Today’s children are growing up knowing how to use keyboards-based devices to play and interact from an early age. Whether on their own tablet or smartphone or one a parent handed to them to keep them distracted and entertained, children no older than 2 or 3 years old are already engaging with touchscreen and physical keyboards. But just because their exposure to touch typing keyboards happens early, that doesn’t mean they’ll end up developing an efficient typing technique. There’s still a need for formal touch typing training for school-age children. Touch typing is neither time-consuming nor difficult to master, especially for children, who pick up new skills easily. The key to successfully teaching children to touch type is to offer them early and age-appropriate touch typing practice and guidance.
Make learning to touch type fun by taking advantage of the wide variety of games and activities that introduce touch typing to young children. Approaching touch typing through play increases a child’s willingness to engage with learning and makes them eager to come back for more lessons. Games and apps give young students a sense for touch typing within a context that’s friendly, informal and entertaining. Letting kids associate touch typing with fun and play builds the basis for introducing more learning-focused touch typing activities in their practice later on, when they have better motor skills and a longer attention span.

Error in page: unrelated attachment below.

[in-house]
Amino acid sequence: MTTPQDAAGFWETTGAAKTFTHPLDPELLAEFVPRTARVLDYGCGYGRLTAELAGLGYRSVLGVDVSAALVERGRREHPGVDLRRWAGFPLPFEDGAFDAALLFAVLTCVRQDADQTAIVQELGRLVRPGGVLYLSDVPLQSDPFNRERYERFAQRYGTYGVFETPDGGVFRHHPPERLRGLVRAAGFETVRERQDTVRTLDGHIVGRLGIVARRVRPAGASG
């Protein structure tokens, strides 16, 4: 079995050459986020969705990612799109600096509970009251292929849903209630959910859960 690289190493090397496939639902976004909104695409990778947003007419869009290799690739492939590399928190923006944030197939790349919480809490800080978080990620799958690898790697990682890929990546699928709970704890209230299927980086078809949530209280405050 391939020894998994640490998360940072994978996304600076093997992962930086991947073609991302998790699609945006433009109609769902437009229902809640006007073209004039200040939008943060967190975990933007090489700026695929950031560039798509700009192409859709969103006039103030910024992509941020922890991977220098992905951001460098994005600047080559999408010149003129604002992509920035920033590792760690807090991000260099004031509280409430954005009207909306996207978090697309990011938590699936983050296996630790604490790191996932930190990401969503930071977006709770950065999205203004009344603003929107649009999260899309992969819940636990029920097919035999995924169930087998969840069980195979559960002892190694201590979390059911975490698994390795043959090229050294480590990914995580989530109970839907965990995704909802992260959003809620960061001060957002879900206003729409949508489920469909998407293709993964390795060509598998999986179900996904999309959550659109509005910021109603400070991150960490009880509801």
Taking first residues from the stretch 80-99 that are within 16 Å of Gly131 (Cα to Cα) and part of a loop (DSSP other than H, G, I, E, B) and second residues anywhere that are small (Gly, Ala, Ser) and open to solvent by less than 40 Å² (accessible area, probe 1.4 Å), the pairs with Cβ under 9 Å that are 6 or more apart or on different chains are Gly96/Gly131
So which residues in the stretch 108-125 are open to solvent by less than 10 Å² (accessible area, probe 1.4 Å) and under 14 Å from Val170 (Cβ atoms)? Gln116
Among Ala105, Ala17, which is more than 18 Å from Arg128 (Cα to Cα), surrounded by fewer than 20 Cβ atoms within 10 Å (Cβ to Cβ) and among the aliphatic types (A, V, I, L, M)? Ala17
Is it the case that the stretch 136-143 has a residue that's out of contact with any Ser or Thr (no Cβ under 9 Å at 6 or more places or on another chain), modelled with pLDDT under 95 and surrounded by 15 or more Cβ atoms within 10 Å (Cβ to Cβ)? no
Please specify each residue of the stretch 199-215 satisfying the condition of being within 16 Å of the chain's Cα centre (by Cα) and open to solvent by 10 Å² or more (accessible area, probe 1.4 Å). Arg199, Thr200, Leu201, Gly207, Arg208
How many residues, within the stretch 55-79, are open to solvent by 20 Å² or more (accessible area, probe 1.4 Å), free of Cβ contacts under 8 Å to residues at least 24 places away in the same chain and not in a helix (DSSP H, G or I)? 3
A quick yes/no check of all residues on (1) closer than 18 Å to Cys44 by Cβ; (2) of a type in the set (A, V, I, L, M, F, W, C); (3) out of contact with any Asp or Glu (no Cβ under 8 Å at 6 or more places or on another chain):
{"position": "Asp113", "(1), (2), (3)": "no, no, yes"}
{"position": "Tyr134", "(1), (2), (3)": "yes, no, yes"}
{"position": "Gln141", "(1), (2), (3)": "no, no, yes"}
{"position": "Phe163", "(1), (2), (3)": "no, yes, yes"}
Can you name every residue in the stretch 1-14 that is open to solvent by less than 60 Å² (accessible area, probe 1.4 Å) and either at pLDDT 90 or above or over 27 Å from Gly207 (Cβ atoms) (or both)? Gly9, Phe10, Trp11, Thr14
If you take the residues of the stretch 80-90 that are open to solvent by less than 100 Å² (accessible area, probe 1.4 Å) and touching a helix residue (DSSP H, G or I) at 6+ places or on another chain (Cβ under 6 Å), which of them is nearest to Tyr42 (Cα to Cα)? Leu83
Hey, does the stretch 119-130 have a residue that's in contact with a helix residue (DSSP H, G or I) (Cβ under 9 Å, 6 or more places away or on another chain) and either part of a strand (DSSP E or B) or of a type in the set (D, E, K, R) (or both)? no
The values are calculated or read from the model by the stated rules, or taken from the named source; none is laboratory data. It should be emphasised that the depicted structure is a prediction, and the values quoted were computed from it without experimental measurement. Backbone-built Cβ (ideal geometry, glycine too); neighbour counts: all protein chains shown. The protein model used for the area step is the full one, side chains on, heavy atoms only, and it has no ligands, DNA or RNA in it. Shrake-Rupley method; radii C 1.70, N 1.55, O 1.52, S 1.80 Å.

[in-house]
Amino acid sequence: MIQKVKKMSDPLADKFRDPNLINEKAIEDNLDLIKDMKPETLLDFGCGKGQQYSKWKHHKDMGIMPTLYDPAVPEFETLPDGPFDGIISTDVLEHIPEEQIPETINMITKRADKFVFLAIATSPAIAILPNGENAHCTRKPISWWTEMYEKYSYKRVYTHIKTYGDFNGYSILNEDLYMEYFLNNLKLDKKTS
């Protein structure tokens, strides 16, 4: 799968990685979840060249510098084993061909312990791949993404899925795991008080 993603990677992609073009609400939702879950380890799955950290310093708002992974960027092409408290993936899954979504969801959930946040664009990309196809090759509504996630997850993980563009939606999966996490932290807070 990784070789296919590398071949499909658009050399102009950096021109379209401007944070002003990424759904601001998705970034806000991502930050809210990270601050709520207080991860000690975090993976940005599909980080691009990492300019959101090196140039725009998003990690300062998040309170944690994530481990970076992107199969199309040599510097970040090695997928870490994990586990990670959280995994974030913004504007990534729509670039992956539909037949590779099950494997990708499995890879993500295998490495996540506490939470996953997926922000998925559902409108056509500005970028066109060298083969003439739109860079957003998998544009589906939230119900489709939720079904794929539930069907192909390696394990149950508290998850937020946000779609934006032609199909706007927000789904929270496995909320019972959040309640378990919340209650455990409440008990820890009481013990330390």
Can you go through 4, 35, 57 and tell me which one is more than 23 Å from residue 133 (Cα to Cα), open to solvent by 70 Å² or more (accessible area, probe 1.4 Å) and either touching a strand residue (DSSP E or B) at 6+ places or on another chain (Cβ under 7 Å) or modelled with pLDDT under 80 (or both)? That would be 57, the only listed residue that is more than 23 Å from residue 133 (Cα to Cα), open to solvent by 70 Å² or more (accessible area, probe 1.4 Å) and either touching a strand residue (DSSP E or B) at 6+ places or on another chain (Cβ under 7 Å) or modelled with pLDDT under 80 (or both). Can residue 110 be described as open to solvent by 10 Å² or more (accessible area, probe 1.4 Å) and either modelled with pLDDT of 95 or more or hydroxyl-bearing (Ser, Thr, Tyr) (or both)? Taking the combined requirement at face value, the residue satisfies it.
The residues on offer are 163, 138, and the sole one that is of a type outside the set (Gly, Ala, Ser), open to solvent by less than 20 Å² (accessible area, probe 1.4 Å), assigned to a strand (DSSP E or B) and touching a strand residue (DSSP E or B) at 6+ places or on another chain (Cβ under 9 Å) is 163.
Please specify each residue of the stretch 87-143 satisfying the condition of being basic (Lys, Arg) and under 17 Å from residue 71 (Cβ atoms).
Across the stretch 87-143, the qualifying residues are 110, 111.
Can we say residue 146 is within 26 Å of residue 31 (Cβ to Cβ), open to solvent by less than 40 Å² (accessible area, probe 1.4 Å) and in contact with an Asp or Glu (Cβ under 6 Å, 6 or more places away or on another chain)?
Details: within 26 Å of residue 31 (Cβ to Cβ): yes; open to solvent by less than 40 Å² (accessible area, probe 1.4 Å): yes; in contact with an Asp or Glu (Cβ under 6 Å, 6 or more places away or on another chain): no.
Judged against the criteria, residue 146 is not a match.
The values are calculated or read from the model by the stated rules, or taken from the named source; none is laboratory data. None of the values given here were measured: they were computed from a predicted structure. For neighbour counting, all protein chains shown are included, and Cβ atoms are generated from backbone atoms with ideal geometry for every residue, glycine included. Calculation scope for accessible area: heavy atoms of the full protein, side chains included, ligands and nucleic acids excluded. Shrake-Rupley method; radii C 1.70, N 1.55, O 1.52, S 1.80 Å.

Take advantage of the fact that the child hasn’t yet developed their own hunt-and-peck touch typing habit and use this opportunity to introduce solid and efficient typing habits. First, take enough time to introduce the keyboard to the child. During the familiarization process you can introduce basic rules of ergonomics, regarding the ideal sitting position and wrist placement, monitor distance and height, as well as more to-the-point rules with regard to finger placement on the Home Row keys.
One basic element of successful touch typing for young learners is to reward progress and let the child know that touch typing is a skill that involves a lot of trial and error to get it right. Children are often disappointed by their initial lack of typing accuracy, resulting in them being no longer interested in learning to touch type. You can avoid this by motivating them through rewards and affirmative talk. This is essential for keeping them inspired to practice until they become good at it.
Even if you choose the best touch typing software out there, it’s still important that you allow ample time for breaks. Each typing training session should last no more than 20 minutes. After 20 minutes of practice, the child will most likely lose interest and get easily distracted. Rather than practicing 20 or 30 minutes straight, split the practice into three sessions and in between each session introduce “brain breaks” – a little dance to a song, walking outside for 3 minutes, anything to relax them and help their mind refocus.